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Examining Britain’s Impossible Choice

The Brits have an election coming up, and barring a miracle for the Liberal Democrats (a centrist third party), it appears anyone hoping for a leader to emerge who will be a positive political force is stuck between a rock and a hard place. On December 13th, either Jeremy Corbyn or Boris Johnson will be the British Prime Minister. It is safe to say that both will be disastrous. 

The two are a shocking reflection of the other on the Left and the Right. Both have long and checkered histories of bigotry, and both support domestic policy agendas that are economically illiterate.  

The Bigotry 

On the right, there is the current head of the Tories, Boris Johnson. He recently barged onto the scene of electoral politics riding a broad wave of populism, jingoism, and anti-immigrant sentiment directed at institutions like the EU in the form of the so-called “Brexit” campaign. He also has a nasty history of anti-Muslim rhetoric. In a column from 2005, he wrote that “Islam is the problem,” and that in British society, Islamophobia is “a natural reaction.” In 2018, he wrote another column that compared Muslim women who wear a burqa to “bank robbers” and “letterboxes.”  

Johnson’s personal bigotry reflects the problematic trend of anti-Mulsim bigotry in the Tory party at large. This was made clear in an anonymously released dossier that outlined histories of anti-Muslim social media posts by numerous Tory chancellors 

Leading the left is Jeremy Corbyn, a more politically experienced far-leftist who has been vocally anti-NATO and anti-EU his entire career. Similar to Johnson, he has a history of bigotry, though his is of the anti-Jewish kind. 

In 2014, he attended a memorial, paying respects to the anti-Jewish terrorist perpetrators of the 1972 Munich Olympics massacre, which left 11 Jewish Israeli athletes dead along with a German police officerIn a 2012 Facebook post, Corbyn affirmed his support for an artist who had a mural removed from East London—a mural which depicted Jews in hooked noses and business suits, playing monopoly on the backs of the English poor. 

Unfortunately, these are just two examples of many—so many that the Chief Rabbinate of England, a non-political figure, said his history of anti-Semitism made him “unfit for office.” Video has recently surfaced of him defending a man who repeated the medieval “blood libel”—the age-old slander claiming that Jews use the blood of children in the making of matzah (a traditional brittle bread made for the holiday of Passover).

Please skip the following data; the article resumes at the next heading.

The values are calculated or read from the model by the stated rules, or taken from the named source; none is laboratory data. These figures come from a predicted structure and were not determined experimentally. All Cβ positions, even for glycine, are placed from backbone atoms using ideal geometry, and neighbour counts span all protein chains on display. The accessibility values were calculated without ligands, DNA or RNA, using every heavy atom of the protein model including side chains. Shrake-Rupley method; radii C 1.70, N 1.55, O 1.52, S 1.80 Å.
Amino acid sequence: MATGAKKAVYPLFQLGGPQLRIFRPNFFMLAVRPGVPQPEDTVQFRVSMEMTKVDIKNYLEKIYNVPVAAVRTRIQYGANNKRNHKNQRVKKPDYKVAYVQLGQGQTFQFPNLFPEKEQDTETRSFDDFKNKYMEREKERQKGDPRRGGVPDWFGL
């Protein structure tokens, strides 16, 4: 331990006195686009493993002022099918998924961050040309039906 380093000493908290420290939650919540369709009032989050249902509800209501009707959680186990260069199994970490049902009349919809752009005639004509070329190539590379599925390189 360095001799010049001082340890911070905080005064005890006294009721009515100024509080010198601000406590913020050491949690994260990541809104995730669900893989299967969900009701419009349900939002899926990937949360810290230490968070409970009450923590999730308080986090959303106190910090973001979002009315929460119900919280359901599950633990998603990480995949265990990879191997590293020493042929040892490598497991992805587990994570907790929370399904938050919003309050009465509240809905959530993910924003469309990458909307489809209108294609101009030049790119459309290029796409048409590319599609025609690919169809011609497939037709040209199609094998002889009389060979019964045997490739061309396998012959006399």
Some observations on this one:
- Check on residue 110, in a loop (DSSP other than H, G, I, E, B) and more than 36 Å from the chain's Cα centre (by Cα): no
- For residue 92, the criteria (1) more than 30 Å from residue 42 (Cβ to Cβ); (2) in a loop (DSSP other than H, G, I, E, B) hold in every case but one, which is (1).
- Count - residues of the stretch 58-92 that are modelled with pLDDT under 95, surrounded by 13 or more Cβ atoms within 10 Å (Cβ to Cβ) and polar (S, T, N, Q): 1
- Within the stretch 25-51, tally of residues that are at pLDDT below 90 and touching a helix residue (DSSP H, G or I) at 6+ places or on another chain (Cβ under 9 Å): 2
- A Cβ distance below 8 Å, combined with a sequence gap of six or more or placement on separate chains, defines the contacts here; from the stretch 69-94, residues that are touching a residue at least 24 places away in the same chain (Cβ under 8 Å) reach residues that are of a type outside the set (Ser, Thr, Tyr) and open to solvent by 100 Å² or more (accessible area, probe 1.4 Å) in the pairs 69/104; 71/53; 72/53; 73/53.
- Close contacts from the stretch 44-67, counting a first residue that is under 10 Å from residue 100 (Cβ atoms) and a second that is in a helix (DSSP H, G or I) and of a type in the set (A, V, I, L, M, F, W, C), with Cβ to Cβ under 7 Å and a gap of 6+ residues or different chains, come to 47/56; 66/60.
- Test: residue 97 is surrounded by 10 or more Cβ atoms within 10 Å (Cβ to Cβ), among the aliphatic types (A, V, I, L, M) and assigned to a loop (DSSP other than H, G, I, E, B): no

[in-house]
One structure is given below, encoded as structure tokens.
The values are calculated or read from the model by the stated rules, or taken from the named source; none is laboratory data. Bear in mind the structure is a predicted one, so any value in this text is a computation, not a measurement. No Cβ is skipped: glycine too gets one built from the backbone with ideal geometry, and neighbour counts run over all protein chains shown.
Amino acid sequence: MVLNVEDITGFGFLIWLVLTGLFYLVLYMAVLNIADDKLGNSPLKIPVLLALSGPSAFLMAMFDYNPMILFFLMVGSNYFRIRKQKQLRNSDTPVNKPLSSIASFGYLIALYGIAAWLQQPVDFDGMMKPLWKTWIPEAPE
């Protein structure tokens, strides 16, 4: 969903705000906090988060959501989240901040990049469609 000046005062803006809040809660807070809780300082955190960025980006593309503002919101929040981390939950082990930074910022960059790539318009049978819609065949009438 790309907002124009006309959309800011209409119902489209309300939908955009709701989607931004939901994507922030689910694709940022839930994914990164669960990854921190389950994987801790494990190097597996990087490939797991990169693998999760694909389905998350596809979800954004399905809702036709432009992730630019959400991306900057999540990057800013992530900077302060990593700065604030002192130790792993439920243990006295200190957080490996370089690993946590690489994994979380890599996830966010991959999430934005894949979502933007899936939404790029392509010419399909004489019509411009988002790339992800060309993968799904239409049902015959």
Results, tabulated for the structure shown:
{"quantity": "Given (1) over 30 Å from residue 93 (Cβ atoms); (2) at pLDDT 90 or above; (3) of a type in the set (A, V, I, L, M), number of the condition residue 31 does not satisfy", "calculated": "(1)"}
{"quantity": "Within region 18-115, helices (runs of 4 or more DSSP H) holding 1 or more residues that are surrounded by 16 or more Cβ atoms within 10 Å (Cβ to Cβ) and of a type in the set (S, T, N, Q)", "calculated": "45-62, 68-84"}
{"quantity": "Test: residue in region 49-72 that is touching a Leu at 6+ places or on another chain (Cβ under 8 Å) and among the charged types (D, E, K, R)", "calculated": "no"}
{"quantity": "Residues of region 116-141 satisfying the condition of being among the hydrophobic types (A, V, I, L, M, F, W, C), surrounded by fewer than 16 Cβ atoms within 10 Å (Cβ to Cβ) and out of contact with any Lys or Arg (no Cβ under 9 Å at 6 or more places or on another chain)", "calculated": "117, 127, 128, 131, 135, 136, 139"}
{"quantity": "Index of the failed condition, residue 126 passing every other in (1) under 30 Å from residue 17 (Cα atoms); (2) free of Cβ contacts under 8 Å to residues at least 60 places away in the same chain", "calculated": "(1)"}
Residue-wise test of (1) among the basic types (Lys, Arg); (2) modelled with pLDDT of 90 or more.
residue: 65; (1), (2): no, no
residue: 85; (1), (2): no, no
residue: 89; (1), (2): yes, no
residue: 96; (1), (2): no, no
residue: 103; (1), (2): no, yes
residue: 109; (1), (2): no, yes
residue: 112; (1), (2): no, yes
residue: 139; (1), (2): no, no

On Thursday, a dossier  (this one from the Jewish Labour Movement) leaked in a somewhat redacted form, showing levels of Labour anti-Semitism on an institutional level. It outlined a “corrosive disease” of anti-Jew activity through “unwitting prejudice, ignorance, thoughtlessness and racist stereotyping.” The report also lays the blame Labour’s of anti-Semitism problem squarely at the feet of Jeremy Corbyn, saying Labour became “a welcoming refuge for antisemites” following his ascent to leadership in 2015. It also accuses Corbyn personally of  no less than eleven instances of anti-Semitic behavior. 

Electorally, it is clear that Labour is not a place for Jews, as 93% say they will not vote for the Party in December, and nearly half say they would “seriously consider” immigrating if Corbyn wins. 

In fact, one of the most high-profile Labour defectors, Luciana Berger, quit the party after the increasingly hostile environment for Jews made the party a dark hive of anti-Semitism. Ironically, she is now leading an anti-Labour insurgency with the Liberal Democrats that could undermine and gut Labour support nationally. 

On Brexit 

The economic experts are all in clear agreement that the British exit from the European Union would be terrible for the British economy. One scholarly article from the Rand Corporation outlines a potential 4% GDP loss for Britain. 

Boris Johnson is the most pro-Brexit of the two, while Corbyn has yet to voice his opposition to the move, despite a long history of being similarly anti-Europe.  

Brexit’s impact would not be just bad for the British economically speaking, but it would also set a precedent of splintering Europe—a trend that will only help opponents of the West like Vladimir Putin. Institutions like the EU and NATO have long served as an effective bulwark against further Russian incursion into Eastern and Central Europe. The explicit anti-EU attitude of Johnson combined with Corbyn’s history of euroskepticism could not make the two British options in this election more enviable for Putin and others who wish to see a splintered Europe. 

The Global View 

Acts and ideologies of European separatism will benefit one leader in particular, and his worldview: Vladimir Putin. Any splintering of European institutions will, of course, help the force that Europe unified against. As such, the effectively pro-Russian worldviews of both Johnson and Corbyn. Furthermore, their backwards and bigoted worldviews regarding ethnic and religious minorities spell a troubling future for Britain, barring a miraculous win from the Liberal Democrats.  


Image: Johnson / Corbyn

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